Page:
For one week or less, if the person is local (hasn’t traveled) and had easy-care animals with no lawn work, a $50 tip is sufficient, at least for me. If the lawn or animals were high-maintenance, $100 is a better tip for 1-2 weeks. For 4-6 weeks, consider a minimum tip of $200. This is a sweet spot for many sitters. If they can drive away with two hundred bucks, they get a full take of gas and some food and they are happy. For 3 months, consider $200-300. Longer than that – just my opinion – the tip can go down. Free rent and utilities for six months, for example, is a great recoup of the time and gas it took to get there. (Again, provided it wasn’t all the way across country.) For up to six months, somewhere between $300 and $500 is a good tip. When you get up to 8 months and above, however, I’m happy with some gas to get on my way so we’re back to $150-200. That’s IF this was not a work-intensive gig. If someone is working their but off for months on your property, this should be appropriately compensated with a generous tip. Now, mind, if you tip more than that, I’d be very impressed and put you on the top of my list! These guidelines are the minimum that feel fair to me after many years of dealing with various situations. 

Having said all that, we sitters do recognize that some of our clients don’t have deep pockets either, so do the best you can and let them know you’d do more if you could. That way their work is acknowledged and they have, at least, a little to send them on their way.

If you follow these guidelines you will be on the top of the list for your house sitters and will have far fewer times when you find, to your chagrin, that all your sitters are already too busy for your needs.

And, as always, feel free to contact me with any questions or house sitting needs. Good luck and safe journeys!

How to Prepare for your House Sitter

Okay, so, you’ve run an ad, you’ve interviewed people, and you’ve chosen what you hope will be a good, reliable pet/house sitter. Whew! Now you can put up your feet, rest and relax, knowing your work is done. Right? Well… not quite. Now’s it’s time to think about how to prepare for the house sitter. After all, one of the reasons we hire house sitters is because we know that, in our absence, it’s possible things can go wrong and we want someone there to respond in our stead. And setting it up for the house sitter’s success is the best way to assure that, in that event, things will have the best outcome possible.


A good place to start is with a list of all the things a house sitter may need to know while you’re away. How much information and autonomy the house sitter is given will depend on various factors such as how well you know the sitter (are they new, or are they your regular?), how far away your travels take you, and how long the house sitting assignment is for. I’ve done house sits for a year and more, with owners overseas and not easily reachable, so I have had to deal with many things myself. In this case, it is good to equip the sitter as fully as possible for emergencies. This list should include:

  1. The phone number for the local police department, fire department, veterinarian, water department, and utility companies. If in a planned community with its own security, include the number for security and an office/admin number for HOA in case they have any questions related to the rules or upkeep of the property.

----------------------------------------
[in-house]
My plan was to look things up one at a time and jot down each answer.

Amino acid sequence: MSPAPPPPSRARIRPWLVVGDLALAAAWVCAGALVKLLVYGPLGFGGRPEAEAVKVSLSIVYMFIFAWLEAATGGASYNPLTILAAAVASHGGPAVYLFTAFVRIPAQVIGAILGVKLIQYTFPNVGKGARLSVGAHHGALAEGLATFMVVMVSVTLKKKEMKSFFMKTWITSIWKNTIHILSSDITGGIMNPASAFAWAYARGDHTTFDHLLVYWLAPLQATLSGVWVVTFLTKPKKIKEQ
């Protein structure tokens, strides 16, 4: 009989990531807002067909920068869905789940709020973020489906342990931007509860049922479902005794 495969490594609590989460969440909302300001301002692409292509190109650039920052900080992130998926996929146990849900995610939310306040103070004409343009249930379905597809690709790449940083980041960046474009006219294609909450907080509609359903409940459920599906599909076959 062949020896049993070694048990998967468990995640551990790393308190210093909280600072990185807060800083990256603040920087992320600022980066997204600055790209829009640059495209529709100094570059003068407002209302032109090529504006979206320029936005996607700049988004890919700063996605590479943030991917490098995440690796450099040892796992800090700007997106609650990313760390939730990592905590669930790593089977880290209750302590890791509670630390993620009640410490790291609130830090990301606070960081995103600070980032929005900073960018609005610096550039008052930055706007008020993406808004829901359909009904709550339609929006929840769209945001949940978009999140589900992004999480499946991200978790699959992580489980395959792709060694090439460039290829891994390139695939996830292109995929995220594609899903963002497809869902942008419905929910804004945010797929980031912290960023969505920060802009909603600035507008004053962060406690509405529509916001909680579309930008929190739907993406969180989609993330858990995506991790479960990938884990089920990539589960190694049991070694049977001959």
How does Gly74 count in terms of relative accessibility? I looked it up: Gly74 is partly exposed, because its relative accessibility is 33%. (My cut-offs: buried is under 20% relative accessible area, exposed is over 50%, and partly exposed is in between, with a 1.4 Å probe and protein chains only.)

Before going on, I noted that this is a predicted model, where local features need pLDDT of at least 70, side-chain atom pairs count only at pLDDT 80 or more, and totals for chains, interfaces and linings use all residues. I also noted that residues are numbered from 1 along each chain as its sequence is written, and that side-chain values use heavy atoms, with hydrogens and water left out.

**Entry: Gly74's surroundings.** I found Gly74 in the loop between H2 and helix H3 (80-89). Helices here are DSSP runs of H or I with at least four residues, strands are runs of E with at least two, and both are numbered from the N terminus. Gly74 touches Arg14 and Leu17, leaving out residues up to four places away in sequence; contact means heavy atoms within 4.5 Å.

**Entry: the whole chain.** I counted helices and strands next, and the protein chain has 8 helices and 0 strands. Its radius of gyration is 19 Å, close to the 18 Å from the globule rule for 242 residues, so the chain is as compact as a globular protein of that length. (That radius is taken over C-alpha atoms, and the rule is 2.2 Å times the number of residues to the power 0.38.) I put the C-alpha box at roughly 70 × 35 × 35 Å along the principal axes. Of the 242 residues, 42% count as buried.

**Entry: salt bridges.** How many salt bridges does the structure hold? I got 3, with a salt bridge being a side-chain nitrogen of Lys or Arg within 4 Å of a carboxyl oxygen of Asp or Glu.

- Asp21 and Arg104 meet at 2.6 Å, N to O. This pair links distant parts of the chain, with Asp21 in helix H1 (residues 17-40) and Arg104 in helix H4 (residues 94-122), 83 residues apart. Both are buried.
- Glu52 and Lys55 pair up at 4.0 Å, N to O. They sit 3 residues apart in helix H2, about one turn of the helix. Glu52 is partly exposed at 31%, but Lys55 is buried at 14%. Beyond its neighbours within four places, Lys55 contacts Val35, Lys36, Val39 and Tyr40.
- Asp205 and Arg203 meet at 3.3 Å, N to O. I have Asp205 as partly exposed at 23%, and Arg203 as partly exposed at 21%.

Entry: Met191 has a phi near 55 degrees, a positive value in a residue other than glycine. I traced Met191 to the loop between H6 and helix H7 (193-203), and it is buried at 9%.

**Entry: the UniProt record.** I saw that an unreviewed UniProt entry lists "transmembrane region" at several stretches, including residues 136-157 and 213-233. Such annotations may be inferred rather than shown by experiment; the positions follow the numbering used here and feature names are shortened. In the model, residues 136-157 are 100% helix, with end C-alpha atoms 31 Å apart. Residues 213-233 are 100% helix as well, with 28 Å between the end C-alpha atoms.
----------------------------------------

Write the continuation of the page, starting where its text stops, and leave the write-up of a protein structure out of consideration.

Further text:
2. The names and ages of all your pets, what they eat, any medications or supplements they need and how often. List how often they need walks, any favorite toys or games they like, and any interesting or unusual habits they may have so the sitter can understand them as much as possible. If you have special words or hand signals you use, be sure to list them and demonstrate for the sitter. Everyone trains their animals differently, so it’s helpful to have an idea as to the owner’s approach with the pets.
  3. The login information for wifi in the home. Staying connected is crucial these days, especially for sitters who work online or are isolated on a country estate. Don’t leave the house sitter without internet, and don’t charge them for it unless you absolutely must. Connecting via email is also often the best way to stay in touch with the sitter.
  4. Key codes for entry gate or other areas s/he may want or need to access.
  5. Login information for Roku, Chromecast, or other TV services linked to devices. In the event of a power outage, these will sometimes logout and require reboot. Although this is not a crucial thing, it’s nice if you can leave your house sitter with uninterrupted entertainment.
  6. The name and phone number of someone close by who can come over and assist, if necessary. This could be a relative, a friend or trusted neighbor. In my own experience as a house sitter, I’ve found it’s always nice to have the name and number of a neighbor, regardless of what other names you may provide. For example, if house sitting in the country where the neighbors are not within visual range when the power goes out, it’s nice to have a number to call to see if others have lost power or if the problem is within the home.
  7. The name and number of someone who can makes decisions if you are not within easy reach by phone. I have house sat through several environmental calamities, and have witnessed major damage to home and/or property. If part of the roof is blown off your home, or a tree falls on it, the sitter will need to either be empowered to contact the homeowner’s insurance and get repairs started, or someone else close by needs to be.


  1. Petty cash. This depends on how long you will be gone and how you work things, but a good amount is usually $100-200. This can be used for an emergency plumber, pet food, etc. If you are going for gone for an extended period, having a Paypal account can come in handy and I strongly recommend you set one up beforehand. This way funds can be transferred rapidly if necessary, requiring less cash be left with sitter. And it’s totally free to transfer money to “friends”. If the sitter is trusted, then no worries either way.